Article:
-By Randy Cooper
It’s not even officially winter yet but my thoughts are on what lies ahead in preparation for spring. Lime is the key to a great springtime food plot or vegetable garden. The trick is that it takes about 3 months to affect any change in the soils PH level. Lime needs to be broadcast now to have the soil ready for planting by Easter week. I’ve always used this as a landmark date to plant my garden by.
This year's Easter week, the ground was still frozen so hard that my tiller wouldn’t dig. I like using my Moultrie ATV Food Plot Spreader to spread the lime. It will handle about 50 lbs. of pelletized lime at a time. I use about a ton an acre. It doesn’t take a lot to make a ton. This product is heavy. Pelletized lime comes in 40 lb. bags, or you can hire a lime spreader truck. They usually are equipped with 4-wheel drive and can get into a lot of out of the way places. I rotate lime applications on the food plots. I spread lime on the plots that are geared to spring time planting now. The plots designed for fall and winter food will get lime in May and will be ready for planting by late August into September.
During the last month prior to planting, use a good general purpose fertilizer like 10-10-10. Spread the fertilizer, and till it and the lime in together. I like to till in the lime and fertilizer at least 3 times before planting. This gives me a good loose seed bed and mixes everything evenly. Now all you have to do is pray for rain to wash the lime into the ground and sweeten the soil. The result will be plants that both you and the wildlife will enjoy.
One other chore I like to take care of during the mid winter is to fertilize existing vegetation and mast bearing trees while the sap is down in them. The way I go about doing this is to once again get a general purpose 10-10-10 fertilizer and spread around the base of honeysuckle, greenbrier and low lying browse that I’ve noticed deer eating during the season before the leaves fell.
Mast bearing trees and other fruit trees like persimmon, crabapple, muscadines and honey locust require a different approach. On these applications I take a 5-gallon bucket full of fertilizer and go around the DRIP LINE of the tree. This is the distance away from the trunk of the tree that the limbs stick out. Just get under the tree and look up. Put the fertilizer out even with the limb tips that stick out furthest from the trunk in a circle around the entire tree. You never want to put the fertilizer against the trunk of the tree as it could burn it up and kill it. Over the winter and into spring, the rain will wash the fertilizer into the ground and into the root tips that will take it straight to the trunk. The result is that next fall, you’ll have a much healthier mast crop and the tanic acid content in the acorns will be low. This means that the trees fertilized will have the sweetest acorns in the area and that’s the ones whitetails will seek out.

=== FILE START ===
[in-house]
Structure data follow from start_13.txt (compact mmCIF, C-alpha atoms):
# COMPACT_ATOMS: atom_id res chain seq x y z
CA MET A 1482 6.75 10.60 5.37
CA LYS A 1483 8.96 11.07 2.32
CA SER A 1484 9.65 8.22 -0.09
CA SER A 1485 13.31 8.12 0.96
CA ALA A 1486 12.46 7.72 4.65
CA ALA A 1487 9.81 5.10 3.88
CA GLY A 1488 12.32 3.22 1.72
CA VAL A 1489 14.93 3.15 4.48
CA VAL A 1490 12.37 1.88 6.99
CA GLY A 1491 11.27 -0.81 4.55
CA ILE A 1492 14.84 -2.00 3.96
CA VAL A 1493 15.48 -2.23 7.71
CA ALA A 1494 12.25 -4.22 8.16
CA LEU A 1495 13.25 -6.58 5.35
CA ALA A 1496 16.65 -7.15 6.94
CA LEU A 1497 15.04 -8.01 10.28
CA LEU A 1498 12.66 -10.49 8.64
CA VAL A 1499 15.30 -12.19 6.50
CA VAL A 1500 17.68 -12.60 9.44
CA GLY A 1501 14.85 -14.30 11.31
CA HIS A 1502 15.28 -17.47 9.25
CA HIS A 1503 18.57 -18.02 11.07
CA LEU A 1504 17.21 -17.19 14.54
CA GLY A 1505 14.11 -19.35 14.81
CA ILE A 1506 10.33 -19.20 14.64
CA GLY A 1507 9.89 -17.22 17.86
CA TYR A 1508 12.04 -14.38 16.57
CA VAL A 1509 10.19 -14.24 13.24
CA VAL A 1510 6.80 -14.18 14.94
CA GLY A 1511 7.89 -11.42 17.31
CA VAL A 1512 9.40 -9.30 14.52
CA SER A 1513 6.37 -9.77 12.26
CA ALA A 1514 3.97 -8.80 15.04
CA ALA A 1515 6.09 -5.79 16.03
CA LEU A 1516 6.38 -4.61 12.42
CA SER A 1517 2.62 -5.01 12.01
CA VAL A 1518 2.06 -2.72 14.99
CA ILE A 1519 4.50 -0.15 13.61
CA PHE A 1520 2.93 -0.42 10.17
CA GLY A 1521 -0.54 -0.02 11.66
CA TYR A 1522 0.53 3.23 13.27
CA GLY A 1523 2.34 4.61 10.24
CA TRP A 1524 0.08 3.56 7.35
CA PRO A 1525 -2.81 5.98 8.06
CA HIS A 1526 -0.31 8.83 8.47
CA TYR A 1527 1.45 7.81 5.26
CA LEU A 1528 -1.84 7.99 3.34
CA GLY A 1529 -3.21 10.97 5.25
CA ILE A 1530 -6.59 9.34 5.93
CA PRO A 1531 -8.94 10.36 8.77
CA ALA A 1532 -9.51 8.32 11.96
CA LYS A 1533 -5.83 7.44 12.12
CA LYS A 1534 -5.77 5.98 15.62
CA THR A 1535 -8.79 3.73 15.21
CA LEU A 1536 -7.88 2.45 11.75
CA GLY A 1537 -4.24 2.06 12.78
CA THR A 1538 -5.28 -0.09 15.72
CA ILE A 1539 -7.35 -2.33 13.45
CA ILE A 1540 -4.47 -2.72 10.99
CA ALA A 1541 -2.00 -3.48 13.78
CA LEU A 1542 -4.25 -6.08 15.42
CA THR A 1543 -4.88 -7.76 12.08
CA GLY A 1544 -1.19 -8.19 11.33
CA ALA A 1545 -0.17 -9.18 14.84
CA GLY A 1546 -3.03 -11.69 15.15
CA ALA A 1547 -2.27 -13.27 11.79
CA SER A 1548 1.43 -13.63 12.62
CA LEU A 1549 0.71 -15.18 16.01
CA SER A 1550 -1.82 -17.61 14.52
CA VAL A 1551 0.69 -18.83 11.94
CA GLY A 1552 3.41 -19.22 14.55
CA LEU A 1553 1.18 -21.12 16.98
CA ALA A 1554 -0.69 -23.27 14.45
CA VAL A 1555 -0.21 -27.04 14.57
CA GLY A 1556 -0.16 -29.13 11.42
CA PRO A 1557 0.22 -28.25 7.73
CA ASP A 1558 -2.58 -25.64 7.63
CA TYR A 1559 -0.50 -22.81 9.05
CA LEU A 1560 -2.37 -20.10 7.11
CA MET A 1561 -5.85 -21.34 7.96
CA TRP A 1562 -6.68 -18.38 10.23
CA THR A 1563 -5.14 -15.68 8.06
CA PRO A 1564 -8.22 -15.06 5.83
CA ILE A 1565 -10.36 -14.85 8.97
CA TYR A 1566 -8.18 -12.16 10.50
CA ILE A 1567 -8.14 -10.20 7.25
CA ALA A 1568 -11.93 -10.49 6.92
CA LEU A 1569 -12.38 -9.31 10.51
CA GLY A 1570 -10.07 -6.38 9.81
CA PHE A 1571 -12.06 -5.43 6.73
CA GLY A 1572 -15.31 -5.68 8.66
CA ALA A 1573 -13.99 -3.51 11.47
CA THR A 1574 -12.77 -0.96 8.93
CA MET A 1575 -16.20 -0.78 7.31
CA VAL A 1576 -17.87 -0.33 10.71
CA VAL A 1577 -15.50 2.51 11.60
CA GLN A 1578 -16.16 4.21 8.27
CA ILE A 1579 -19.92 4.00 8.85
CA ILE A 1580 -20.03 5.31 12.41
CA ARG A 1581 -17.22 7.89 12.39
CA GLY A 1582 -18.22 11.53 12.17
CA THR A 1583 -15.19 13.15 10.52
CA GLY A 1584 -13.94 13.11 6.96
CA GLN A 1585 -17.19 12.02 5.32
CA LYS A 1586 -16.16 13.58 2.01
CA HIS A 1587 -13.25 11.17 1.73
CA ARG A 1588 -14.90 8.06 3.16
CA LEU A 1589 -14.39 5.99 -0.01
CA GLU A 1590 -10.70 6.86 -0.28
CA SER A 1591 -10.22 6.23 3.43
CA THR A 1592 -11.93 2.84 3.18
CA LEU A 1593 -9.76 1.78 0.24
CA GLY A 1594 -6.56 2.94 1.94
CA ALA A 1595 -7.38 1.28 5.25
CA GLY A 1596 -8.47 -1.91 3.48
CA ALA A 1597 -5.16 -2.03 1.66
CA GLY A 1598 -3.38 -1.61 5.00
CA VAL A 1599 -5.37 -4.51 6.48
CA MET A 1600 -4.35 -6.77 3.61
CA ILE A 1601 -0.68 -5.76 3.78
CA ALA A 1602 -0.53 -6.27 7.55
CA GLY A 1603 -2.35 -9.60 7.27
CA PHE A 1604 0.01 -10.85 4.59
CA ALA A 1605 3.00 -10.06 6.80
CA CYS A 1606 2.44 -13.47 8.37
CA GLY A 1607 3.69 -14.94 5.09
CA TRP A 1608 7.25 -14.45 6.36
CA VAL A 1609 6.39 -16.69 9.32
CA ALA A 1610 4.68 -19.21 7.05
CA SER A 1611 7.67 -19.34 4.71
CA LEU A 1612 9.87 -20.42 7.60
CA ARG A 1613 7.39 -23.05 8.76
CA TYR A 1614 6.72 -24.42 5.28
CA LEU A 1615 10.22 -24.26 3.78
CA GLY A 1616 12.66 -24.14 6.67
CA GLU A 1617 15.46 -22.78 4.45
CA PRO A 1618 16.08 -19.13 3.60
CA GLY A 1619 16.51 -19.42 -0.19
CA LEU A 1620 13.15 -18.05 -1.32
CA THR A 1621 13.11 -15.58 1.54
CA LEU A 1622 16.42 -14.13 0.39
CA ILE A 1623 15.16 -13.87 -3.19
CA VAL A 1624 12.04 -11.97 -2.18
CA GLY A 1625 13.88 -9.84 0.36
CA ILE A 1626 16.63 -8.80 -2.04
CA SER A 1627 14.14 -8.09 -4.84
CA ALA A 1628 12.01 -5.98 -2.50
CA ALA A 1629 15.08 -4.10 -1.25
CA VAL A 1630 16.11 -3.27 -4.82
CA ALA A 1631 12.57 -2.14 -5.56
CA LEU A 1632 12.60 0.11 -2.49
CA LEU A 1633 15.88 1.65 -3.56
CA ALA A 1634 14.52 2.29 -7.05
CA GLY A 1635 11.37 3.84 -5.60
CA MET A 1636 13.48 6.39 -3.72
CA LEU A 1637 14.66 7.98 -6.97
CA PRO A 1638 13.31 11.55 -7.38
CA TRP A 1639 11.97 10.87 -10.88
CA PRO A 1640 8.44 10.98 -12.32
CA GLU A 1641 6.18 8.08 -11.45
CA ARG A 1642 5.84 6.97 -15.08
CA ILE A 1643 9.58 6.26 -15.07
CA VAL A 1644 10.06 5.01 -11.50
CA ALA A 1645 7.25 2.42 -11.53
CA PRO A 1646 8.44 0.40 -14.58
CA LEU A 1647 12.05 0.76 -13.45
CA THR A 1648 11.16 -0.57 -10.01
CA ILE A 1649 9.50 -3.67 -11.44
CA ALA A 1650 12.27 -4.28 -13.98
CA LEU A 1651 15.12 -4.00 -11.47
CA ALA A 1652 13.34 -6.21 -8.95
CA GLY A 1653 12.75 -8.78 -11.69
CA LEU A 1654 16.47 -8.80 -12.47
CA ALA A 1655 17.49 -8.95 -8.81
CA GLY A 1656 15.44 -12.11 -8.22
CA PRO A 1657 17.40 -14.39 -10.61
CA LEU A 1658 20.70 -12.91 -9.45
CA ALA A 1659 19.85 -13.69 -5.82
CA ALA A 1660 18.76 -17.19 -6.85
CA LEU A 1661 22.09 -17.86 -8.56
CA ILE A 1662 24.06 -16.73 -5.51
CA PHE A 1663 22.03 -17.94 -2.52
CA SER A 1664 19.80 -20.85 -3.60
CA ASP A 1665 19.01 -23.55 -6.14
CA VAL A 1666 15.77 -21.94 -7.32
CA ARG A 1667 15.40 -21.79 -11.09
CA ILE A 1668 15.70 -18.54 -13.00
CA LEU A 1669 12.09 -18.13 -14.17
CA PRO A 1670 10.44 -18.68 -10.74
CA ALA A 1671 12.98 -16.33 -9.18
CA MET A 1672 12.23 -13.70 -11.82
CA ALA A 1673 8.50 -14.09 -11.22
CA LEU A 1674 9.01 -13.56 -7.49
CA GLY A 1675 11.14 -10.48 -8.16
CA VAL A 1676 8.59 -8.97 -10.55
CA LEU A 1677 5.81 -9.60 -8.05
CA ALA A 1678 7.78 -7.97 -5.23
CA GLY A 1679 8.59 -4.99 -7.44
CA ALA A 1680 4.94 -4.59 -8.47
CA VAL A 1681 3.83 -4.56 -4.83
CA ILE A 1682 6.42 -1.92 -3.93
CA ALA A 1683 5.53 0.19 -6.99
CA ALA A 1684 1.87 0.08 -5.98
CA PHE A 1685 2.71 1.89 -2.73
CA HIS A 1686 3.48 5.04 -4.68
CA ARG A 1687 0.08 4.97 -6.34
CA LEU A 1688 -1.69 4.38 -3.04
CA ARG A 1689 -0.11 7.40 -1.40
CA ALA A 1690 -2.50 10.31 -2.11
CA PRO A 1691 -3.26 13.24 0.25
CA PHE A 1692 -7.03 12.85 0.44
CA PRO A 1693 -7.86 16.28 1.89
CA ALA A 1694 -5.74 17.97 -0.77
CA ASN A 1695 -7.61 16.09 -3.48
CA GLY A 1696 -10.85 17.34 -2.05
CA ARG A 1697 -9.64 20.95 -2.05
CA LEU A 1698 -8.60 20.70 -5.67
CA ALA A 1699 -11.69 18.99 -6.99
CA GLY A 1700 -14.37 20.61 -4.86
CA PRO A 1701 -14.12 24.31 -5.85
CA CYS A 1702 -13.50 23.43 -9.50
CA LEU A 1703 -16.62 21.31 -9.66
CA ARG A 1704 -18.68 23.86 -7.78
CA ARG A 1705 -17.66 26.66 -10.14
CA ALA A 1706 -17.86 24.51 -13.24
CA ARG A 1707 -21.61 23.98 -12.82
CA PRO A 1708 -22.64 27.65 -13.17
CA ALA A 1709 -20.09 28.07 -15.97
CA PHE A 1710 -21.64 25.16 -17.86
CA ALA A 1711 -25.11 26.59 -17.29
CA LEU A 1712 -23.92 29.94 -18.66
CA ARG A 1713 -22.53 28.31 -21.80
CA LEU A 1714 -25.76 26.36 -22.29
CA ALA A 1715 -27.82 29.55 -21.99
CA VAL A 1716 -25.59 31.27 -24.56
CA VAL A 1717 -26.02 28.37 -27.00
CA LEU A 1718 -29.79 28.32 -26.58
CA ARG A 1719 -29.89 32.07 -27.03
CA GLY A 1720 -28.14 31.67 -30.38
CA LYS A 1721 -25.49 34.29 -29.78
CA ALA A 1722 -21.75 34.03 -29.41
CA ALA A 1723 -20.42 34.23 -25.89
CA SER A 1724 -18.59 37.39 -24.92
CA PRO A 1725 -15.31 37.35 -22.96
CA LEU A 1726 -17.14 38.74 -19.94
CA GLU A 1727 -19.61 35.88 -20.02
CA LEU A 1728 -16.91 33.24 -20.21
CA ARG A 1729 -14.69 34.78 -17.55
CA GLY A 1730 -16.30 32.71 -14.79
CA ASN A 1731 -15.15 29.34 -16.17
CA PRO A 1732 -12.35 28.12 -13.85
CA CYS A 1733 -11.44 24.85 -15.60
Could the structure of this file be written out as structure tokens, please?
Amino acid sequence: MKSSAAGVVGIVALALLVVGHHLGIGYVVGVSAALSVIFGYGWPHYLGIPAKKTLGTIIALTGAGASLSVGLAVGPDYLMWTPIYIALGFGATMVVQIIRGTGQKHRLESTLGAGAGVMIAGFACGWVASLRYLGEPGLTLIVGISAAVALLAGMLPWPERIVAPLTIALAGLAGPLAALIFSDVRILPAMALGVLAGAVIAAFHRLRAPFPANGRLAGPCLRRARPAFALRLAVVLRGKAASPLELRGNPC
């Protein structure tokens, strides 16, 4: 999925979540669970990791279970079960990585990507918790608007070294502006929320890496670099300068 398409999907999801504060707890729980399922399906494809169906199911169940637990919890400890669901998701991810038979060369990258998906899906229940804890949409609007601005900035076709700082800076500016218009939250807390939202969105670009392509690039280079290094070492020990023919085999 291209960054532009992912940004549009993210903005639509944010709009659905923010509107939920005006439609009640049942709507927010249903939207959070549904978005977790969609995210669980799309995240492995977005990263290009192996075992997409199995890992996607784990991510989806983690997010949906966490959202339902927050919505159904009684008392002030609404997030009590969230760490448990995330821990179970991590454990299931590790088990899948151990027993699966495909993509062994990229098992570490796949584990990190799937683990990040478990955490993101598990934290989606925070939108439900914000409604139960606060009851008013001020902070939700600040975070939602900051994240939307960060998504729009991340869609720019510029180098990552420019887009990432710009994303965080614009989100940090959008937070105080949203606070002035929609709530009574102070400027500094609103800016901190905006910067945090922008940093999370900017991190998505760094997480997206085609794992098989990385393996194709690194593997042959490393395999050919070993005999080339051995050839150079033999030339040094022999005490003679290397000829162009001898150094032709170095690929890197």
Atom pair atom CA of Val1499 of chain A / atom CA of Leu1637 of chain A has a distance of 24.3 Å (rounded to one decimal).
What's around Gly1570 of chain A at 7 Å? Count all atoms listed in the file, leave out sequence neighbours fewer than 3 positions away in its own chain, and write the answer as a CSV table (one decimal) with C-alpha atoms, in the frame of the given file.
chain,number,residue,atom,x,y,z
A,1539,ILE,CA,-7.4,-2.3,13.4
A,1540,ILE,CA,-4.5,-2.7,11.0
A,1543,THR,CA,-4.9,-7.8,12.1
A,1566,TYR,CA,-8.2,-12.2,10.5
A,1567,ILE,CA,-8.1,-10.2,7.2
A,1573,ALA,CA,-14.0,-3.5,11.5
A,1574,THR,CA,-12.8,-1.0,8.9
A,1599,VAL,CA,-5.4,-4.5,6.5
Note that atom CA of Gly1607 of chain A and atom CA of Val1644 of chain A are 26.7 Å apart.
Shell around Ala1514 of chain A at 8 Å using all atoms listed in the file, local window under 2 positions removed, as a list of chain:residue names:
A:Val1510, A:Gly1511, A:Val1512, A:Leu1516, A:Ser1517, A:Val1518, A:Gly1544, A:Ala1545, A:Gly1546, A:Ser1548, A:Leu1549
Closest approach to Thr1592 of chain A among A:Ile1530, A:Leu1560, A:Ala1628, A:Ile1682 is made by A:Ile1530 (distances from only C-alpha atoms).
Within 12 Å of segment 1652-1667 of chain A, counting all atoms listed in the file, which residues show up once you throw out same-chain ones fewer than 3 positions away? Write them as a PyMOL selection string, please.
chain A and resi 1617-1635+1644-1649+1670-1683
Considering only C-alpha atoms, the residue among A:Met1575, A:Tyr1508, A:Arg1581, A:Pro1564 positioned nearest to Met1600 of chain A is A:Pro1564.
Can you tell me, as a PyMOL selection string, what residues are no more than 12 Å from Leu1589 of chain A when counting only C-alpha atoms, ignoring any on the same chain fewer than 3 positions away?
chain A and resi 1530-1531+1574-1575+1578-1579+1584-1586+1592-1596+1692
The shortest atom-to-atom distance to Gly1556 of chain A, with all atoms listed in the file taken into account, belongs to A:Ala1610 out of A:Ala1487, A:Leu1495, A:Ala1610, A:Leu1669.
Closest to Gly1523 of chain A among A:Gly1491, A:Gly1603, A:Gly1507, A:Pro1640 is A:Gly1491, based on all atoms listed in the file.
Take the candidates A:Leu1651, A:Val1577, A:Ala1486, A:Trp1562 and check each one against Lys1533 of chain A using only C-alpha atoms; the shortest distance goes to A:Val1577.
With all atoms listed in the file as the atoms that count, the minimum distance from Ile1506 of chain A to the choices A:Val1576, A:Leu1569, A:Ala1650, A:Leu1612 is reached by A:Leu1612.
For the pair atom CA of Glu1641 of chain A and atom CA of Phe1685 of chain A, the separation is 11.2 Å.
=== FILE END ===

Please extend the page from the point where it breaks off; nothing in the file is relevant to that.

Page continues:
Your treated trees will be getting the most attention of any oaks or fruit trees in the area. Managing for wildlife is a fulltime gig. There is always something that needs to be done now or in preparation for an upcoming season. It’s always fun and satisfying to see the fruits of your labor come back to you in the form of a better deer and turkey population on your property. I look forward to learning more and more each season. Do like I do and make a list of what you need to do to make your property a higher quality habitat. When you’re sitting over a food plot in late season that is full of deer you’ll be glad you went to the trouble.